Romanticism's Influence on Architecture
Romanticism’s impact arrived at the Hudson Valley towns of Red Hook and Rhinebeck in the early 1800s. Its impacts were characterized by the architecture of both the estates built around the area, and local churches.
Andrew Jackson Downing, a New York landscape designer best known for his book A Treatise in the Practice of Landscape Gardening, Adapted to North America, played a substantial role in Romanticized architecture around the Hudson Valley. An influential writer, Downing suggested that country residents abandon “the prevalent Greek Revival architecture in favor of a style more suited to the country.” Greek Revival architecture, very popular throughout the United States from the late 1700s to the 1800s, included “the formal or geometric arrangement of gardens” in a way that displaced the natural landscape. This was in stark contrast to the romanticized idea of picturesqueness: A picturesque landscape would retain inconsistencies and subtleties, as opposed to consistent, rigid formations. For instance, a picturesque estate would involve “meandering, as opposed to straight, paths” to the house, or allow a stream “to retain its natural course rather than be canalized in the French manner.”
Downing saw the retention of the scenery as a way to preserve a romanticized view of history, writing that the picturesqueness of a place needed to be preserved with development as “a counterpoise to the great tendency towards constant change, and the relentless spirit of emigration, which form part of our national character.” He strove to create “an aesthetic fully integrated into the economic and social life of the American countryside,” yet “consistent with the traditions of rural virtue.” Downing’s legacy was that of interplay between preserving a sense of historical value and building artistic, yet utilitarian structures from which to enjoy the present surroundings.
An earlier iteration of the Blithewood estate, a Gothic Revival structure remodeled on behalf the Donaldson family, before being rebuilt as a Classical Revivalist structure on Bard College’s campus in Red Hook, was a prime example of Downing’s romanticized approach to architecture. Alexander Jackson Davis, heavily influenced by Downing, created a “decorative veranda” and a viewing room for viewing the Hudson River and the Catskills, with “a special 3-by-4 foot oval plate-glass window.” This kept in line with Downing’s recommendations that “bay windows and verandahs” would allow the resident of an estate to “harmonize with the settings of wild nature on the river.” Davis also framed the plate-glass window “with rich moldings as if the view were like a painting.” This seems to be a very direct reference to the Hudson River School’s artists’ paintings of the river, and signifies the estate’s attempt to embody the sublimity of the Hudson River amidst the picturesqueness of the landscaping.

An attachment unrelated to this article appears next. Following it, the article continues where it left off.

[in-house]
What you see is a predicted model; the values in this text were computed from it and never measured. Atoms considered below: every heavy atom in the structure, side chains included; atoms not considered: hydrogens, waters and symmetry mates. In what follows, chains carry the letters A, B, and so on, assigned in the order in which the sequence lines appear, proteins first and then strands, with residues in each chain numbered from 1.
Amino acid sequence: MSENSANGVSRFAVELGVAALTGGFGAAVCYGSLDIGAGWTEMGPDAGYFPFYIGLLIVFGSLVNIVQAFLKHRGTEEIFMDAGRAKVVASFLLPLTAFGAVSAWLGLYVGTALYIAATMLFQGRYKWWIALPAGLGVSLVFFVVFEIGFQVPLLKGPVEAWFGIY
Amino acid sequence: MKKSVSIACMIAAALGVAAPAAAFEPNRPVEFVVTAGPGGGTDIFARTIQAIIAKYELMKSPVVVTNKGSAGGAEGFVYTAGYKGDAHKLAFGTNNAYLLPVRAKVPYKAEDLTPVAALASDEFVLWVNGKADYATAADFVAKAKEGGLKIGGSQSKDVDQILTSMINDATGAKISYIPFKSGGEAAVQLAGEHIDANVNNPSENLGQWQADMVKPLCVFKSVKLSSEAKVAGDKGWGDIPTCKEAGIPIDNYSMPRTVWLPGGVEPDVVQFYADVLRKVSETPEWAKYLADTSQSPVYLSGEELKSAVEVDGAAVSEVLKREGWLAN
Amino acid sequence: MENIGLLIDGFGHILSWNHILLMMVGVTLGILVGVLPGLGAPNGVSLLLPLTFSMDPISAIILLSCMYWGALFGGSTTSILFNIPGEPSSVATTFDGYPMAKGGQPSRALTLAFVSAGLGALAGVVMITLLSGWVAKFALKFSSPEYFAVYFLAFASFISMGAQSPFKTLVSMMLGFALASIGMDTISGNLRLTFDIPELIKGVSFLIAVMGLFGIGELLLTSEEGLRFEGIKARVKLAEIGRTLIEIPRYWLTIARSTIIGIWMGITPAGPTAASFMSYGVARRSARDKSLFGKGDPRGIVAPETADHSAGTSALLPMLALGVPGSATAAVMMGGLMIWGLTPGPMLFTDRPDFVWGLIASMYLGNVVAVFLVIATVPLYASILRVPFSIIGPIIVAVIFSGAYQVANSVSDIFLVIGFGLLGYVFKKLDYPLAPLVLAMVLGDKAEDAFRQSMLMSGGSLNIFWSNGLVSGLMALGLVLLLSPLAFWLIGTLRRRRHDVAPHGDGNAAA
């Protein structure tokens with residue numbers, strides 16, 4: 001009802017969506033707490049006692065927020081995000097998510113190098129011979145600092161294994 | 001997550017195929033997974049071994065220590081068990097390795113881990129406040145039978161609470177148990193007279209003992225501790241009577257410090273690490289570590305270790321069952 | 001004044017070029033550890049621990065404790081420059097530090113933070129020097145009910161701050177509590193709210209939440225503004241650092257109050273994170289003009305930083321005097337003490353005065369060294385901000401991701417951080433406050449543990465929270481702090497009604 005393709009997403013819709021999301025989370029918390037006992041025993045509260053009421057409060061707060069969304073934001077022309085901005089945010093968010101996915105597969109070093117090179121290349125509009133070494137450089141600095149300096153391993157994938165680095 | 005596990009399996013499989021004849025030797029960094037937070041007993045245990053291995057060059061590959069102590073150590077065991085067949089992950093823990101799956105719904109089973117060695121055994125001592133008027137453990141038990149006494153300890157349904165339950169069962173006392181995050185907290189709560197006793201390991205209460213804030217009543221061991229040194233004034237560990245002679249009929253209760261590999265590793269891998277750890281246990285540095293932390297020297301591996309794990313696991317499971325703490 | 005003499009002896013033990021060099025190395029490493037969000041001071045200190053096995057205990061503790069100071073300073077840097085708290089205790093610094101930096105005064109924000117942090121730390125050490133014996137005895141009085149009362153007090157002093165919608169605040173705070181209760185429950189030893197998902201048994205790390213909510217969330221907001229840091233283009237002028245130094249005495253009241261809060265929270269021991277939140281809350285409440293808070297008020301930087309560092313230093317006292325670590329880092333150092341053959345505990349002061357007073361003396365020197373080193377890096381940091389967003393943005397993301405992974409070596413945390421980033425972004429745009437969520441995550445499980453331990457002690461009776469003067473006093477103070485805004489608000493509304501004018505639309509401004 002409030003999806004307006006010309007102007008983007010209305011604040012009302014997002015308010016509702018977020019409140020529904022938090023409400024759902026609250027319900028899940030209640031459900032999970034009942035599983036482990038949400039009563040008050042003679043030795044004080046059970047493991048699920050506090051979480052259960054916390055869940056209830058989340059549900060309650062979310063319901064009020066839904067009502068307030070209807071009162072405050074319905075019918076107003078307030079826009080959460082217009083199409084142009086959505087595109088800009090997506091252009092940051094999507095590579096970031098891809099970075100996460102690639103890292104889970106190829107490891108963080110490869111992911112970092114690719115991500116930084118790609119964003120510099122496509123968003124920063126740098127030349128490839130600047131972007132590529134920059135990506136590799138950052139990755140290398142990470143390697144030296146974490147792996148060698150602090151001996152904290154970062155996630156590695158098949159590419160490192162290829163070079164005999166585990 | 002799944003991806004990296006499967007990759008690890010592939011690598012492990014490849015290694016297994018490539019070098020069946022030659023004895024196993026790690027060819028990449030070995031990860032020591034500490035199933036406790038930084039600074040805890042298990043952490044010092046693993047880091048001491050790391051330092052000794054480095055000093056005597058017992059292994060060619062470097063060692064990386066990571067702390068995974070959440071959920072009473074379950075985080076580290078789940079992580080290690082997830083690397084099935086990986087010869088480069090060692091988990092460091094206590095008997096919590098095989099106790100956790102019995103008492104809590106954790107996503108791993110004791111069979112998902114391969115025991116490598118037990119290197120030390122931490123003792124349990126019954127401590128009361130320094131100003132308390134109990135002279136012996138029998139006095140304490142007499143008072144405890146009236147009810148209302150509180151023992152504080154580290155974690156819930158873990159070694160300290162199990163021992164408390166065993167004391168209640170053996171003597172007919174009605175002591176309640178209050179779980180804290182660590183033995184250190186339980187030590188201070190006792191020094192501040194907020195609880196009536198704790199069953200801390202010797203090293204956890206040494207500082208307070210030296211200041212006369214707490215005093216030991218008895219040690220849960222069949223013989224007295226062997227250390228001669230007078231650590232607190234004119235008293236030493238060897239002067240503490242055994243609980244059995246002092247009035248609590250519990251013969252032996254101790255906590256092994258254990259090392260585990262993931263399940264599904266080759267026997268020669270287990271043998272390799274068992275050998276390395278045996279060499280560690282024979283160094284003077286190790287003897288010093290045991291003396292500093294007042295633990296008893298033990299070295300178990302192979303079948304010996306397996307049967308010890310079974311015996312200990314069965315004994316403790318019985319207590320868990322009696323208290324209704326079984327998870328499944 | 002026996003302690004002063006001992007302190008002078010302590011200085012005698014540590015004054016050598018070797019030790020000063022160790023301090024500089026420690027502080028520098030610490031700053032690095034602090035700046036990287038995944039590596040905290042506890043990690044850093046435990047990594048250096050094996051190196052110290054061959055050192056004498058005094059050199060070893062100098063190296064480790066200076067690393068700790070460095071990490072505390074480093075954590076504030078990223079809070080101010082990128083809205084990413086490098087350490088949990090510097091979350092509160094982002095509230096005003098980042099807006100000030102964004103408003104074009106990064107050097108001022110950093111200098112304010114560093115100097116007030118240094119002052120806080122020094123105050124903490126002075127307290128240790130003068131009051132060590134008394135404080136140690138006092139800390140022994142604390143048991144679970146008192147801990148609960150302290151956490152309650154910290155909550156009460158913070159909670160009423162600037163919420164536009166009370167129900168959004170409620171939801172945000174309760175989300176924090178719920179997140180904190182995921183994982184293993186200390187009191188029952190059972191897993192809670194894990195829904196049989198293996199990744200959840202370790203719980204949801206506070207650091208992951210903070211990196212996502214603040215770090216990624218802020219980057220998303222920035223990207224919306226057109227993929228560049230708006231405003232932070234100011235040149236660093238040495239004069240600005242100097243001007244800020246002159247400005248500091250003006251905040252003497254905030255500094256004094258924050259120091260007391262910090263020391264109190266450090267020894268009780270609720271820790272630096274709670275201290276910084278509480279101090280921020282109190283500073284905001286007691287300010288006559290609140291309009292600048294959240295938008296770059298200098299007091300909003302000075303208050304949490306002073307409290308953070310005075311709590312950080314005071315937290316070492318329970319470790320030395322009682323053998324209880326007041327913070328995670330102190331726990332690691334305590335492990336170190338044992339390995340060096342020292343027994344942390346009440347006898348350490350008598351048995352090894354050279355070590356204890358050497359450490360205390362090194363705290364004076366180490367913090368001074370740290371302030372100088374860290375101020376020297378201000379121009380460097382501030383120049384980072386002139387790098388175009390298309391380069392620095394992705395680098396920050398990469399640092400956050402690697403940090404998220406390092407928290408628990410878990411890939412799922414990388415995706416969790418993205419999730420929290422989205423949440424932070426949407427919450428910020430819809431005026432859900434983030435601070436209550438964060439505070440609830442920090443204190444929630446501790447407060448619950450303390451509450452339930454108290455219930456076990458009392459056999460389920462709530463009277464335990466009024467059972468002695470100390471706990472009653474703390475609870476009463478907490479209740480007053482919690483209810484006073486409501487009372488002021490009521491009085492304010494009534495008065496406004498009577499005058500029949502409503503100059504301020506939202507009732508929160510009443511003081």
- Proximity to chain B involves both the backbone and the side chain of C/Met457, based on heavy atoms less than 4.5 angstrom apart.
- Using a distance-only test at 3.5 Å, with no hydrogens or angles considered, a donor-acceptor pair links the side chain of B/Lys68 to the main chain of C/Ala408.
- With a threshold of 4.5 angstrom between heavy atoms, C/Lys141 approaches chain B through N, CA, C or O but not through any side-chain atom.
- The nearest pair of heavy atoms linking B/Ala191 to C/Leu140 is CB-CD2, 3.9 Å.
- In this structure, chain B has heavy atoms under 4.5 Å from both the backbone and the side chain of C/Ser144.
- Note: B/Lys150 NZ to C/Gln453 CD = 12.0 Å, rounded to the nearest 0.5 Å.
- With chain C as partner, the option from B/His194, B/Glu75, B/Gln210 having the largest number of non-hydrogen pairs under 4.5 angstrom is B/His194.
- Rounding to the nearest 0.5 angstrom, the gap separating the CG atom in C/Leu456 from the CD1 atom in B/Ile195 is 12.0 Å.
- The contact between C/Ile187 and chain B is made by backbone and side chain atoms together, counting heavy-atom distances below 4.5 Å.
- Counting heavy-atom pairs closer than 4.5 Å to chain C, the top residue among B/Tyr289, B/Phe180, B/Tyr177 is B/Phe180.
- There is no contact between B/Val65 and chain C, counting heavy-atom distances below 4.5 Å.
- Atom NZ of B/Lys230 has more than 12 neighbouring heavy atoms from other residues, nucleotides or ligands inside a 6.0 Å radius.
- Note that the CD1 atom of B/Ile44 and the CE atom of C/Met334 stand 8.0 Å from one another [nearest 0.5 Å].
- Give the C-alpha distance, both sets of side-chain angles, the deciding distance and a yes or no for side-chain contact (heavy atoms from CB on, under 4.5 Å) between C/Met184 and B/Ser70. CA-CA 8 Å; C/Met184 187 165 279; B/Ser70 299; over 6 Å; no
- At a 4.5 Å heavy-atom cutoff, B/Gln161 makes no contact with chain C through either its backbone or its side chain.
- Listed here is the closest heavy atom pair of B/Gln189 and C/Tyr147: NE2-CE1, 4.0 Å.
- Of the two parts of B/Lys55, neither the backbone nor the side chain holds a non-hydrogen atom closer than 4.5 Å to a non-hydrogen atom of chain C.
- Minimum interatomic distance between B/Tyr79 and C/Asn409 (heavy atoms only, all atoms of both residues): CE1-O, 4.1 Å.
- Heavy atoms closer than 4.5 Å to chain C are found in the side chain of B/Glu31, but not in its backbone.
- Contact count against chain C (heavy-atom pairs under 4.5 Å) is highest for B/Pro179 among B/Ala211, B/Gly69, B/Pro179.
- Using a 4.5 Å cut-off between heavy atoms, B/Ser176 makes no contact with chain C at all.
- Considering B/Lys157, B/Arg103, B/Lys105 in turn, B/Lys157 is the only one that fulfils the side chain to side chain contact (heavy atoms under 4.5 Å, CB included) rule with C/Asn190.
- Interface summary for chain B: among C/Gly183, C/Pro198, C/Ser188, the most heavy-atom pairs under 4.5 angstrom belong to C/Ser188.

Blithewood was one of Downing’s favorite estates in the region, writing that he particularly enjoyed how “the smiling, gently varied lawn is studded with groups and masses of fine forests and ornamental trees, beneath which are walks leading in easy curves to rustic seats, and summer houses placed in secluded spots.” From his writings, it is clear why he greatly appreciated Blithewood: For him, the design fully embodied the unity of man-made design and nature, with its curved paths and “gently varied lawn” evoking the subtleties of a picturesque landscape, and a lush garden of “fine forests and ornamental trees” evoking the sublimity of nature.
Less than two miles away, Montgomery Place, also in Red Hook, stood as another example of romanticized, Downing-influenced landscape and architecture. Cora Livingston Barton was primarily responsible for transforming the estate into an emblem of romanticized architecture. She created the “Morning Walk” as a winding path from the estate “to the river and a rustic pavilion,” winding “along the Hudson’s rocky shore to the music of gently dashing tide waves”; a “leaf-carved path along the stream” to a greenhouse and gardens; and a mass of “old forest, mountain laurels, and evergreens” known as The Wilderness.
A few miles south, in the town of Rhinebeck, the Wilderstein estate serves as one of Rhinebeck’s achievements to romanticized architecture. Calvert Vaux, a colleague of Downing, designed the grounds of the forty-one acre Wilderstein estate in 1891 along the Hudson River. In an attempt to retain the natural picturesqueness of the landscape, Vaux maintained as much of the topography and vegetation as possible, maintaining “prominent existing trees” when creating the winding curves leading to the estate, which “were purposely designed and placed to follow the undulating contours of the land.” Much like Davis and Barton, Vaux also included structures purely for people to contemplate the landscape, such as gazebos and seats along the river. Furthermore, in the vein of other Hudson River estates, Vaux chose to keep the estate completely bordered by woods, so that “all views [would] be concentrated on the Hudson and beyond.”
The Delamater House in Rhinebeck exemplifies the Gothic style of the architecture featured in Rhinebeck. Designed by Andrew Jackson Davis, the house features Gothic elements such as “peaked gables, decorative vergeboards, bay windows, chimney pots, finials [distinctive ornaments at the top of the house], towers, and verandahs.”